Ex-procurement head says he was forced out for questioning staffer’s practices

Jeremy Duda//March 21, 2018

Ex-procurement head says he was forced out for questioning staffer’s practices

Jeremy Duda//March 21, 2018

Male hands signing document, contract or application form

The former head of procurement services at the Arizona Department of Administration alleges that he was forced out for questioning what he says were inappropriate practices of a staffer who is close with Gov. Doug Ducey.

Ashoke Seth, who worked as the State Procurement Office administrator at ADOA, submitted a handwritten resignation letter on February 20, stating only, “I resign effective today.” But in a wrongful termination complaint he submitted to the state Personnel Board on March 2, Seth said he was told to either resign or be fired by Gilbert Davidson, Ducey’s chief of operations and the acting director of ADOA. Seth is claiming whistleblower status.

Seth told the Arizona Capitol Times that he was forced out for asking questions about several state contracts that he said were questionable contracts pushed by Kevin Donnellan, a deputy director at the agency and policy advisory to Ducey. Donnellan worked for Ducey while he ran Cold Stone Creamery, worked on his 2010 campaign for state treasurer, and worked for him at the Treasurer’s Office before moving to ADOA after Ducey became governor.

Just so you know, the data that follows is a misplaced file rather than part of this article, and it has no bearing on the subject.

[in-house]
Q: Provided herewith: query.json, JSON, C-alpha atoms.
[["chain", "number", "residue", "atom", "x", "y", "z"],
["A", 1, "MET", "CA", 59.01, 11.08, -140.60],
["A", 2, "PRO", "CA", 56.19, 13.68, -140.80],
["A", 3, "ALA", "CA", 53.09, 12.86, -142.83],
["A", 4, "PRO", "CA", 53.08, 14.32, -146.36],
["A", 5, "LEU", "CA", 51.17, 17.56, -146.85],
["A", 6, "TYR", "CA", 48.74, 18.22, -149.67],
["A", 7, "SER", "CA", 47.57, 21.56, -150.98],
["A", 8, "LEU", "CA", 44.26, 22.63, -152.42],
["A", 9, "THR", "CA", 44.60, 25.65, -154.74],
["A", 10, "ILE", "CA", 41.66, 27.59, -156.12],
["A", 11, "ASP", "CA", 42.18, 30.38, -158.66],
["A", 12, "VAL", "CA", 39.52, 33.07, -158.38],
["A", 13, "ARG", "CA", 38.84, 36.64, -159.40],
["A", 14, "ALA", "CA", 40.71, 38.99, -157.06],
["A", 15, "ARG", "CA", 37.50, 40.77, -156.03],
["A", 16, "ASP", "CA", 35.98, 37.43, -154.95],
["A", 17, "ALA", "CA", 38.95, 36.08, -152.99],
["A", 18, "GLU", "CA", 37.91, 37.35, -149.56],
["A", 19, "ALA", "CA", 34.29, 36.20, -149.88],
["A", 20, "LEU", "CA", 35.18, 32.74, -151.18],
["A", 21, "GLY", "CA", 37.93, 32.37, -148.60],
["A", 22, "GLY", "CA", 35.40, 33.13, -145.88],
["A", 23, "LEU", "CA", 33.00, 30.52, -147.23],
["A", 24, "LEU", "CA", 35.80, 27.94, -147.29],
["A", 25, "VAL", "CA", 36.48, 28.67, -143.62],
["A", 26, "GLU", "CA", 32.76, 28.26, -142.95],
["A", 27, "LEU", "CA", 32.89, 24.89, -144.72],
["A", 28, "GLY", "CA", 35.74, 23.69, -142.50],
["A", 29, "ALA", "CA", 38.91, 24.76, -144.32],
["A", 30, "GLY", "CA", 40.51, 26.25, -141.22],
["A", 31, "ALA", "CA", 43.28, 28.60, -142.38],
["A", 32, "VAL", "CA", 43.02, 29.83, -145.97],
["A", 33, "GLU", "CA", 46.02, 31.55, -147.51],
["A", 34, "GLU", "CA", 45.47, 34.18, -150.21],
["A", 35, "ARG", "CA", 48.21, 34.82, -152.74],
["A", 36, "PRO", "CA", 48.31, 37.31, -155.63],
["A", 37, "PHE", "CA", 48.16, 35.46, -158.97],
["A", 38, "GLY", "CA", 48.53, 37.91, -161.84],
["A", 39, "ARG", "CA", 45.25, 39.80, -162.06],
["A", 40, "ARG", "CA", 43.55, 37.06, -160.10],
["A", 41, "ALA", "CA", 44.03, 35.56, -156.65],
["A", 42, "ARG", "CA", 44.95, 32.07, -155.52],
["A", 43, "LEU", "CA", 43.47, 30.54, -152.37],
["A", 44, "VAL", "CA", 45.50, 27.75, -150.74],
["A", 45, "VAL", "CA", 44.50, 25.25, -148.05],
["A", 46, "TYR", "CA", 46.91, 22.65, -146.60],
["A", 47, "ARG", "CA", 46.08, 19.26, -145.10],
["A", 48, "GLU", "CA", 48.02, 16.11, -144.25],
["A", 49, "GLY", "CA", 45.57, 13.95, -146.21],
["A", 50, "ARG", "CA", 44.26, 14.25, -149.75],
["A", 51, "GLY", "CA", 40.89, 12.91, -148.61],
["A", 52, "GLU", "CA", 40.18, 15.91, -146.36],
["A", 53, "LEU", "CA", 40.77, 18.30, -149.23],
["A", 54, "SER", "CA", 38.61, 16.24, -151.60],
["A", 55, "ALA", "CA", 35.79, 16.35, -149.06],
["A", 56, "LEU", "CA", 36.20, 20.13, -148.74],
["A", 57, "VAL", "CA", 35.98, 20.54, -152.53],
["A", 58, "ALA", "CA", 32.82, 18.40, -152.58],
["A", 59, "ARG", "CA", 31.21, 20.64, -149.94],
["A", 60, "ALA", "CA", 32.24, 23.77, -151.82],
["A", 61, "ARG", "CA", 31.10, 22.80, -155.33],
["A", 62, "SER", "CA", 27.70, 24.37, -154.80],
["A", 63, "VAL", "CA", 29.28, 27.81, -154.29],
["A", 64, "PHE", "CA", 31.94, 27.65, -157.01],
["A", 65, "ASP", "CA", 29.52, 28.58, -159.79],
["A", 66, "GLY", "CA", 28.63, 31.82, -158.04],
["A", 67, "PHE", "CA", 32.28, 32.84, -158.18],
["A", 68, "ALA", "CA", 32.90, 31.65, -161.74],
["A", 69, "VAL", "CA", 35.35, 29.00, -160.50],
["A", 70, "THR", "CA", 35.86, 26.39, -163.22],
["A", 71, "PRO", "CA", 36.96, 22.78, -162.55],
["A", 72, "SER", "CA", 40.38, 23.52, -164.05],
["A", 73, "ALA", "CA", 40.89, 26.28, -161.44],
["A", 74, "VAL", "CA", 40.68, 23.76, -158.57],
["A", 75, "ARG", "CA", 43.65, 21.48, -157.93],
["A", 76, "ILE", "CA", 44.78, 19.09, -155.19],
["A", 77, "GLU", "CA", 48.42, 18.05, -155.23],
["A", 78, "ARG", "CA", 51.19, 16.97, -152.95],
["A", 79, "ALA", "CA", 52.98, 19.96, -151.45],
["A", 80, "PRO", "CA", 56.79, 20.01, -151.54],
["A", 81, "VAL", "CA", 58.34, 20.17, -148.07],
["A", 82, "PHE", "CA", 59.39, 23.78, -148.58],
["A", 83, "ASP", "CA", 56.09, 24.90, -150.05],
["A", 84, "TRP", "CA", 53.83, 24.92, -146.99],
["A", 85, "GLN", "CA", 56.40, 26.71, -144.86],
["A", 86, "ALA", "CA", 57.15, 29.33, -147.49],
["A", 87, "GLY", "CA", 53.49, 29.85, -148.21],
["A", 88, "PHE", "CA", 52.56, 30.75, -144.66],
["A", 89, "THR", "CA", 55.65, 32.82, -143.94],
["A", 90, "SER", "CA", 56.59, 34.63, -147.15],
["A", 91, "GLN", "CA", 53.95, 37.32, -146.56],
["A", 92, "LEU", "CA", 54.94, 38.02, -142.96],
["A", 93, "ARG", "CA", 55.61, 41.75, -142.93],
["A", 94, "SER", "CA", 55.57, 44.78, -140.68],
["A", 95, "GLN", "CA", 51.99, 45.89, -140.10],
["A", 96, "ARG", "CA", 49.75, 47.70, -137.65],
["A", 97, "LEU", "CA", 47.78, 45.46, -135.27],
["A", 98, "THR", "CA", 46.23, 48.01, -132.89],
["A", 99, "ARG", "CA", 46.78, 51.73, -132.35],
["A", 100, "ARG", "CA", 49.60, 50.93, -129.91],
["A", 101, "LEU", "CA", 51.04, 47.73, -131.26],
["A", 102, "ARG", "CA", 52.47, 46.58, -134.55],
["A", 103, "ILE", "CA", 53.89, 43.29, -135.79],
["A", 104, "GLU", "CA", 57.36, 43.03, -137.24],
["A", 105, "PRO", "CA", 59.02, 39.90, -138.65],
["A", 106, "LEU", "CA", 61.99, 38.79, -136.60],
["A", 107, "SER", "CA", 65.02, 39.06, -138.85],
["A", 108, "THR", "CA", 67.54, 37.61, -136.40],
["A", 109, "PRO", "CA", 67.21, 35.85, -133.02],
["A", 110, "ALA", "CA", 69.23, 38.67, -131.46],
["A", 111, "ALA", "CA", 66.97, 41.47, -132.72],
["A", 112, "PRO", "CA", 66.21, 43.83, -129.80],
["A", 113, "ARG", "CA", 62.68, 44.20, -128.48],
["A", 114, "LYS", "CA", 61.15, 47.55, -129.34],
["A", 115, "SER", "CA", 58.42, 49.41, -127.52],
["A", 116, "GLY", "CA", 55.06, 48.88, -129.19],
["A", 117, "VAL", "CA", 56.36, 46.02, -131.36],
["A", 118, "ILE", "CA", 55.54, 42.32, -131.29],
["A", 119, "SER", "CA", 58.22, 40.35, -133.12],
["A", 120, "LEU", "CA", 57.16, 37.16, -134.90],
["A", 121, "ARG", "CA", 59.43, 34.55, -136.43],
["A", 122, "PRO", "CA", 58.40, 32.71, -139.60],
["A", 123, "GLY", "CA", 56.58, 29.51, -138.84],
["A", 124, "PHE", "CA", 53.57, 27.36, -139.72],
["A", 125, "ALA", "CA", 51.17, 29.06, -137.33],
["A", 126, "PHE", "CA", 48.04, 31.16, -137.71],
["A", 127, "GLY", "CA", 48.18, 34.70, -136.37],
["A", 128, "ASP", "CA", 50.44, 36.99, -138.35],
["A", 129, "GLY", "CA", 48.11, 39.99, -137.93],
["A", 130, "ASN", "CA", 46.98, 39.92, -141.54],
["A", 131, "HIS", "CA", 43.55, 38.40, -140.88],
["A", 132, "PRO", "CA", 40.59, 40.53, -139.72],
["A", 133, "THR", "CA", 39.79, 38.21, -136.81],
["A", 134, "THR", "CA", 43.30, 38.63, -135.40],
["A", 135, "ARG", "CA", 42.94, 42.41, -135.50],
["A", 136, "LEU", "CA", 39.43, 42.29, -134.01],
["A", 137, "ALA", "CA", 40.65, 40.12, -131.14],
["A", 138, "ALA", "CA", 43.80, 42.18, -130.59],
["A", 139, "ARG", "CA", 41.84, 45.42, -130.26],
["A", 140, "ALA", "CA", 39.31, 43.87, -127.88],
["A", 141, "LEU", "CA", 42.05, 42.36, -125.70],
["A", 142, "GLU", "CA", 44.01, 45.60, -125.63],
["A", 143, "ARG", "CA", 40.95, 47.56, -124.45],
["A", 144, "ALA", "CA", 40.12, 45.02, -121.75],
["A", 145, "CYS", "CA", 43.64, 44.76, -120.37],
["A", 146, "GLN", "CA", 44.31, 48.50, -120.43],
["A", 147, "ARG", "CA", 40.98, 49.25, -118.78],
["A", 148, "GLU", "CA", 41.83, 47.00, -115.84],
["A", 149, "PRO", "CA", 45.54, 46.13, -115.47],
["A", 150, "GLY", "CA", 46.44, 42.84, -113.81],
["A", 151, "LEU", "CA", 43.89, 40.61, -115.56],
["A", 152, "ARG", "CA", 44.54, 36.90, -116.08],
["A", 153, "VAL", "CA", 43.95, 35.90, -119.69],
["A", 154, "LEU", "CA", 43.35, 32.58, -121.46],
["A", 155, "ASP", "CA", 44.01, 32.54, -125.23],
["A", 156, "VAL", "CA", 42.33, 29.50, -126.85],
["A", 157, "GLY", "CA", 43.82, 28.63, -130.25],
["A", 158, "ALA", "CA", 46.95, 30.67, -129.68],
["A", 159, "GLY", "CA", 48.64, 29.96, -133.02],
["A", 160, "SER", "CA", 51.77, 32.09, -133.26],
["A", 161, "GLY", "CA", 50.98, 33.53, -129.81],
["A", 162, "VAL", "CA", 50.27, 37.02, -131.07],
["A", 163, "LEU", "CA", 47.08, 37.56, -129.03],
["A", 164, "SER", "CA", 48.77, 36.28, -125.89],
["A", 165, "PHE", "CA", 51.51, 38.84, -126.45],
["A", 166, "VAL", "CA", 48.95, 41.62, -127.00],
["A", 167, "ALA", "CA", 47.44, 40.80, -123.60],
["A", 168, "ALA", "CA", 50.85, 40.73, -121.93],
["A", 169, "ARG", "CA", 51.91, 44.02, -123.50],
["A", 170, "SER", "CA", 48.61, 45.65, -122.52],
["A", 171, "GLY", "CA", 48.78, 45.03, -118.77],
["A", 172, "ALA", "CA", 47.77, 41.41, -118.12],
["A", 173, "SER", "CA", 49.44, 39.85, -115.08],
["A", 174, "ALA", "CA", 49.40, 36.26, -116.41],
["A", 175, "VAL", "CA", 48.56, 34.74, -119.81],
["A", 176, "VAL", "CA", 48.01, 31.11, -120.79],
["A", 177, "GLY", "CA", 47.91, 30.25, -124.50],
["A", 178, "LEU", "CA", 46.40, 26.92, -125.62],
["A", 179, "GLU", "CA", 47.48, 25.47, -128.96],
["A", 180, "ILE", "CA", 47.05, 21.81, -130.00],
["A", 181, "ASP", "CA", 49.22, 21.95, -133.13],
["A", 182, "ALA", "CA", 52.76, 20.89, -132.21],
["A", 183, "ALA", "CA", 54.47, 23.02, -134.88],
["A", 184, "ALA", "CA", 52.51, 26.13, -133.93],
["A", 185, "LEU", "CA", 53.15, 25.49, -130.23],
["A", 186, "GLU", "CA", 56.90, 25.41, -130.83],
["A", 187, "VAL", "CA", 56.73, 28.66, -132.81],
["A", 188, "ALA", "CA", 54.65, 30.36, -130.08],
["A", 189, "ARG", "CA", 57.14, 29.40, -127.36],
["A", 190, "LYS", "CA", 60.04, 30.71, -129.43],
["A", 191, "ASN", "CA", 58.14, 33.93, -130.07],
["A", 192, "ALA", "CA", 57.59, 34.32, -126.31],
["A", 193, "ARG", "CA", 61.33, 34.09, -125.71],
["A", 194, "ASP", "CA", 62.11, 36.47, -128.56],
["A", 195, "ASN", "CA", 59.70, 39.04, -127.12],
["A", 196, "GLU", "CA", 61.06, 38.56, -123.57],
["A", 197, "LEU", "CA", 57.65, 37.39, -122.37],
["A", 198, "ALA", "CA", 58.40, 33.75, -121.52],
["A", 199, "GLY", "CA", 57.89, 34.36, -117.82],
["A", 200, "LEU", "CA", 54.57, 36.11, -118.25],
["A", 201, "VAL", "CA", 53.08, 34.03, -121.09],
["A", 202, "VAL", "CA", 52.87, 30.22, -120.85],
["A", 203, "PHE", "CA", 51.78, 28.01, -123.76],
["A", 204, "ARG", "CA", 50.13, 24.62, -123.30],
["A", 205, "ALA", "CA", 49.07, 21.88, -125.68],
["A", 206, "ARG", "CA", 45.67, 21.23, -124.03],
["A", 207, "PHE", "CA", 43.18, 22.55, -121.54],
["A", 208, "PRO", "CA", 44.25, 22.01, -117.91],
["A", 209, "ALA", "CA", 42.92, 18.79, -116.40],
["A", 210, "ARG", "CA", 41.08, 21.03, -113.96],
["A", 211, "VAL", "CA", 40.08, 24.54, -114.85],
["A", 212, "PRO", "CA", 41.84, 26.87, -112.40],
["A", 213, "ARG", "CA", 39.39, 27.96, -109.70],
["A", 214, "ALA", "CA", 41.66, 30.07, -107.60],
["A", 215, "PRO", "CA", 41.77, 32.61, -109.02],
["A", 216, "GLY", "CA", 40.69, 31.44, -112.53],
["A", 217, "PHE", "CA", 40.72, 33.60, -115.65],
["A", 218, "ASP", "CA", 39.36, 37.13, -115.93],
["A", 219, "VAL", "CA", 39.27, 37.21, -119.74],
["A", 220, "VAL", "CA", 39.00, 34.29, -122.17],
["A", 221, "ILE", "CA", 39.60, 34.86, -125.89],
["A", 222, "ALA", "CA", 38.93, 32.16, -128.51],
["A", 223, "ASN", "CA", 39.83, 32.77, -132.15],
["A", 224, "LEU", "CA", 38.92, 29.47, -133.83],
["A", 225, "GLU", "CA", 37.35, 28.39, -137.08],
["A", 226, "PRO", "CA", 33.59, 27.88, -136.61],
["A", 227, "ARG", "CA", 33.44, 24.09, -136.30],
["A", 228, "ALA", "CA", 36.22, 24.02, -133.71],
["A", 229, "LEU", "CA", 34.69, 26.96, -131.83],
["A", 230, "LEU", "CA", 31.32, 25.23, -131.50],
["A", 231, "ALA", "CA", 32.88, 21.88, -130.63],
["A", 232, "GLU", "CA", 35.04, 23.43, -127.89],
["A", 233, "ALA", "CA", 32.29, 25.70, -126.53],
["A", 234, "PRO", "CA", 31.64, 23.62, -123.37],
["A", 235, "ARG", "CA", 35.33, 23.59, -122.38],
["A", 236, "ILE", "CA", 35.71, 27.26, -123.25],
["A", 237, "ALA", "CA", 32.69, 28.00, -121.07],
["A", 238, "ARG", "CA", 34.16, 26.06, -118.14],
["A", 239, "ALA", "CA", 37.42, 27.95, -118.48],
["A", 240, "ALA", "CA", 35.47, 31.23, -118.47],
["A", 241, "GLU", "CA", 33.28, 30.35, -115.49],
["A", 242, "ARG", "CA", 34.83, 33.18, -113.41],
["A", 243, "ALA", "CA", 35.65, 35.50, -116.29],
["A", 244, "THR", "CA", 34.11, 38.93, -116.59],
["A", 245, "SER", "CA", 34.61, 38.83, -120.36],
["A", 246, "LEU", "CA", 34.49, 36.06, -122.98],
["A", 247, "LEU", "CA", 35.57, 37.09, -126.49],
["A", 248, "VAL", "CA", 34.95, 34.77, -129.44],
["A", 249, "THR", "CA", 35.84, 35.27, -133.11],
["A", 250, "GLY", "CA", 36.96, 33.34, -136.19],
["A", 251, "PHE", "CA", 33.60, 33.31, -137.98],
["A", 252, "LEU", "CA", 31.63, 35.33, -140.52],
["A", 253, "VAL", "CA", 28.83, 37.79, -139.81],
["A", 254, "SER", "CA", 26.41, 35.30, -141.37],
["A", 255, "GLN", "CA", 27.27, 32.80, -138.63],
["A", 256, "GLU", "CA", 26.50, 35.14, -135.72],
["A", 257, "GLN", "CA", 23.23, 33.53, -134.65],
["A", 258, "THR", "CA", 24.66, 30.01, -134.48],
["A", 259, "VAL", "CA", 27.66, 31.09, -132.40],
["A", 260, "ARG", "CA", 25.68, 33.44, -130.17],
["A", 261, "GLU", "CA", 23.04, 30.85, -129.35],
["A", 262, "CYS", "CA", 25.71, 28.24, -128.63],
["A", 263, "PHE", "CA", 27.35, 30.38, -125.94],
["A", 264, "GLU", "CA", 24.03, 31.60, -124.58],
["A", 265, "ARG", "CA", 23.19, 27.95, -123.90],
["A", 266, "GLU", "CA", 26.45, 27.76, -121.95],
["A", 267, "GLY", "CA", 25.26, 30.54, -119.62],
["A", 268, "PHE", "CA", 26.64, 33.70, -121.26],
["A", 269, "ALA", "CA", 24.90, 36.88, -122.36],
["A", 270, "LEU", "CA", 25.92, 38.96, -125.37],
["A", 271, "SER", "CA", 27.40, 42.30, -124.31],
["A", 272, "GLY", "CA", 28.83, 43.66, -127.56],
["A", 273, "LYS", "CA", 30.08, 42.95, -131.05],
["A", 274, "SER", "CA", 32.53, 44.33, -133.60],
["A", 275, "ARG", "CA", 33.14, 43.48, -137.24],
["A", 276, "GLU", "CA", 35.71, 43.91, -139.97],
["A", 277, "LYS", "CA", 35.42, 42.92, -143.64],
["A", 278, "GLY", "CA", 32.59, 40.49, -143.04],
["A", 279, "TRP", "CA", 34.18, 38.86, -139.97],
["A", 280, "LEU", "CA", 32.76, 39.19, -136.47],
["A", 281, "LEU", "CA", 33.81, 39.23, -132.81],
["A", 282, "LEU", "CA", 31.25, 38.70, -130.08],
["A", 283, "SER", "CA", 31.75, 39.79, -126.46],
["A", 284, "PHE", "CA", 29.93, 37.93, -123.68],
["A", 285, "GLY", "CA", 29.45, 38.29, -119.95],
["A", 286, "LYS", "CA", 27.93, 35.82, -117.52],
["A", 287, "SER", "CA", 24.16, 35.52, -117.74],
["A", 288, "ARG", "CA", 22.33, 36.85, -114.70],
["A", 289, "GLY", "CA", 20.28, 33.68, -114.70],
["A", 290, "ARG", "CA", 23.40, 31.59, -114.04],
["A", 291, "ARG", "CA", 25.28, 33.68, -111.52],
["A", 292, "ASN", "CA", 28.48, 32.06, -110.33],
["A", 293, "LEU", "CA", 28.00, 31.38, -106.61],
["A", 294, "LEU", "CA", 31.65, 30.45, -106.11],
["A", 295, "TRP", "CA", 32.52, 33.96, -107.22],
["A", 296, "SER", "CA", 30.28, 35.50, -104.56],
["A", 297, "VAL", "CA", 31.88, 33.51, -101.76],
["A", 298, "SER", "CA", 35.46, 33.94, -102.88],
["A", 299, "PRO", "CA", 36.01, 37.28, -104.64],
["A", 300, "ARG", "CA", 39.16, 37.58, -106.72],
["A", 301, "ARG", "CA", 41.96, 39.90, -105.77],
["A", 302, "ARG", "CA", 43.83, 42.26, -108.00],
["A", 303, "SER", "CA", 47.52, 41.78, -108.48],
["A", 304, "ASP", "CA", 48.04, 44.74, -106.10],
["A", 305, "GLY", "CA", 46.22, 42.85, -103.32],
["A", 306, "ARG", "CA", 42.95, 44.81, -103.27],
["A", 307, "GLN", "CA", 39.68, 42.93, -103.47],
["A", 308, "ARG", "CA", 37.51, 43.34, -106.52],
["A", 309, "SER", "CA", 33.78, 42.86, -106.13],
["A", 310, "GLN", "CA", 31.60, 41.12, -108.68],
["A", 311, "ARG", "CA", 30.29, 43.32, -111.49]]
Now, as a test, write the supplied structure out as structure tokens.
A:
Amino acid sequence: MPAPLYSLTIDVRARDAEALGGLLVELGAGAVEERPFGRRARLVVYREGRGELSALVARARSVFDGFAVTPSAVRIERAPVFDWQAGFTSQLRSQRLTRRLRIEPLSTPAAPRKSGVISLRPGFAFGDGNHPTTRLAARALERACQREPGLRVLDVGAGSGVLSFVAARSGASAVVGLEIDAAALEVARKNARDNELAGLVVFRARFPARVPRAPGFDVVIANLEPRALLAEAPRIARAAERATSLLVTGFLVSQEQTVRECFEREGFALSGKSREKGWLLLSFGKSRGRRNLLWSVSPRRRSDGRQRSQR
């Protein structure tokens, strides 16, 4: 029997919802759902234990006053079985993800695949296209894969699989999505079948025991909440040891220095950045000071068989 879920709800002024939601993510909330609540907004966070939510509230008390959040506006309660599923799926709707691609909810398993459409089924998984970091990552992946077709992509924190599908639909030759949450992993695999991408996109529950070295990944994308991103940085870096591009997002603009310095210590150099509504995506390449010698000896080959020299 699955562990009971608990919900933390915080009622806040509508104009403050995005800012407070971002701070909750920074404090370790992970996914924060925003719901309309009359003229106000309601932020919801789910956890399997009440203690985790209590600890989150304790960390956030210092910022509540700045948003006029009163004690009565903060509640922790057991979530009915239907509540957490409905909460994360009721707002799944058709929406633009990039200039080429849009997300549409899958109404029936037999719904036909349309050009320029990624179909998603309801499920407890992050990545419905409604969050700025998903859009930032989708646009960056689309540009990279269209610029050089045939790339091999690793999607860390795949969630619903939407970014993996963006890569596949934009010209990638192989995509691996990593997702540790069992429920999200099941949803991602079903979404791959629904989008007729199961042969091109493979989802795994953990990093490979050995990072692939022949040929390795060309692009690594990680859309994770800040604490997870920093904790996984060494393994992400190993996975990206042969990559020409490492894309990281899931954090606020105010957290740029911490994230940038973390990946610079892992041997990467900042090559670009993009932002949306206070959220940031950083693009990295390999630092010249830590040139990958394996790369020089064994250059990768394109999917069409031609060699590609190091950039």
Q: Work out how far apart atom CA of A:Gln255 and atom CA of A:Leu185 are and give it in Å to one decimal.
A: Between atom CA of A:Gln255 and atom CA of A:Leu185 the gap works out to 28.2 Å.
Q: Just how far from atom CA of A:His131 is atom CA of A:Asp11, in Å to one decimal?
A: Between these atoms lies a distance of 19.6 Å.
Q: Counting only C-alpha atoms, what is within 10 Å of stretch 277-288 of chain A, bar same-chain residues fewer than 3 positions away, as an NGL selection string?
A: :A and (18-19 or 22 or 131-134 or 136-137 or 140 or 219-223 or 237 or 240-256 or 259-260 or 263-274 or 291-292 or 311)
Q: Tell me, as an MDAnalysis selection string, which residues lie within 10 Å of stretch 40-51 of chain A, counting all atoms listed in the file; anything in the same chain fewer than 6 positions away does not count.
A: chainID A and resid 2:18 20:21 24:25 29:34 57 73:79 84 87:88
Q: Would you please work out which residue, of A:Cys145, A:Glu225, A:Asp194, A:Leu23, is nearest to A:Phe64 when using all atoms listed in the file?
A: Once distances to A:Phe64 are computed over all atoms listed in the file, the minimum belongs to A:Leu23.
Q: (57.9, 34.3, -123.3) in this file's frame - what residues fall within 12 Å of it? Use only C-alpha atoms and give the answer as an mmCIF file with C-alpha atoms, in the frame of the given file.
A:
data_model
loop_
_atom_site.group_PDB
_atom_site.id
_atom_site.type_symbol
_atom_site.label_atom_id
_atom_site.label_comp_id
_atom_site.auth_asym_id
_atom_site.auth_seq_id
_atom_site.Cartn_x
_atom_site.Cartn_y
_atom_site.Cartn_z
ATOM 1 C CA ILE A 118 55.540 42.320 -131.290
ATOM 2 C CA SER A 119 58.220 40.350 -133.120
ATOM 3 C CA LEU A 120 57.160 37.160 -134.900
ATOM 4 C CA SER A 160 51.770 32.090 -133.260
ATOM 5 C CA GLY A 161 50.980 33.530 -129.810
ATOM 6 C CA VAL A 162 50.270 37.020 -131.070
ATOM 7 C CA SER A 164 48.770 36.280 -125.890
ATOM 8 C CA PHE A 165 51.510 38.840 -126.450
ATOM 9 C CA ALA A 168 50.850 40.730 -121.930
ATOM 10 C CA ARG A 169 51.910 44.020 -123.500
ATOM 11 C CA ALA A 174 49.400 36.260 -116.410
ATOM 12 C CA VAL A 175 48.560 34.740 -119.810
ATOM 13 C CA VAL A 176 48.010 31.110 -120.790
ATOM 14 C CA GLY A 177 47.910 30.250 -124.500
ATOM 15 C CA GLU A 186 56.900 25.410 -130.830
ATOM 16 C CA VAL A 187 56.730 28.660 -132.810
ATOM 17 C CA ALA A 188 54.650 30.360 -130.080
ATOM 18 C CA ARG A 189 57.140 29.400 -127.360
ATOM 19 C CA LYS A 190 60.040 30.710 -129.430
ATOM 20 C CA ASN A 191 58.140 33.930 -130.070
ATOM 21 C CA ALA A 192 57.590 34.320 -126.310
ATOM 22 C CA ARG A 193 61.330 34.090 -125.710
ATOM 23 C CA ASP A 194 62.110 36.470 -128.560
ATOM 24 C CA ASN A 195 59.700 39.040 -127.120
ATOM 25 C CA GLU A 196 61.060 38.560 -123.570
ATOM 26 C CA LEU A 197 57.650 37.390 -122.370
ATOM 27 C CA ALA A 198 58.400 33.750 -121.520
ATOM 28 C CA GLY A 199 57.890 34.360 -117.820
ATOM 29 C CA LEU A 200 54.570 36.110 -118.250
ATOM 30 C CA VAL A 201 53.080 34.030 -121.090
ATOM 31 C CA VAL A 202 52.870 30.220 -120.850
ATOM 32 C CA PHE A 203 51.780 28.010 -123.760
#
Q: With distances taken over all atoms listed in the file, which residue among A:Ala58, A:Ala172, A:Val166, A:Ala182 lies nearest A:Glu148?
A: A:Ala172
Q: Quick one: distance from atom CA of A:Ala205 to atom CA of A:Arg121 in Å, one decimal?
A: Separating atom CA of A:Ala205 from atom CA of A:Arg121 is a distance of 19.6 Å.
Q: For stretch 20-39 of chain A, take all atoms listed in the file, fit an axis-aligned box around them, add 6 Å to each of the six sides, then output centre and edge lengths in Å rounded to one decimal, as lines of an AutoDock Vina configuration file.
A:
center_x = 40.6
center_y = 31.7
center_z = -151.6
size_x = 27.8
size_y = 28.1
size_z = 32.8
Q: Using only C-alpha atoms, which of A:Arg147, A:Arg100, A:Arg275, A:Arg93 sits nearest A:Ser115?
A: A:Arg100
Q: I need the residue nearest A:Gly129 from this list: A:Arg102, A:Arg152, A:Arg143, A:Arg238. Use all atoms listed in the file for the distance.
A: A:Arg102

There are numerous contracts that Seth said Donnellan inappropriately pressured ADOA procurement officers to enter into, but he pointed to three “major” contracts in particular. Seth said Donnellan is responsible for contracts between the state and Goodman’s Furniture and Amazon, and for a $100,000 settlement with Honeywell “that just wasn’t needed,” he said.

“The people who did that, they did it behind my back and abused the authority that I had given to them,” Seth said of Donnellan and the procurement officers he worked with.

Seth said Donnellan would inappropriately go behind his back and that of former ADOA Director Craig Brown to talk with procurement officers about contracts he wanted.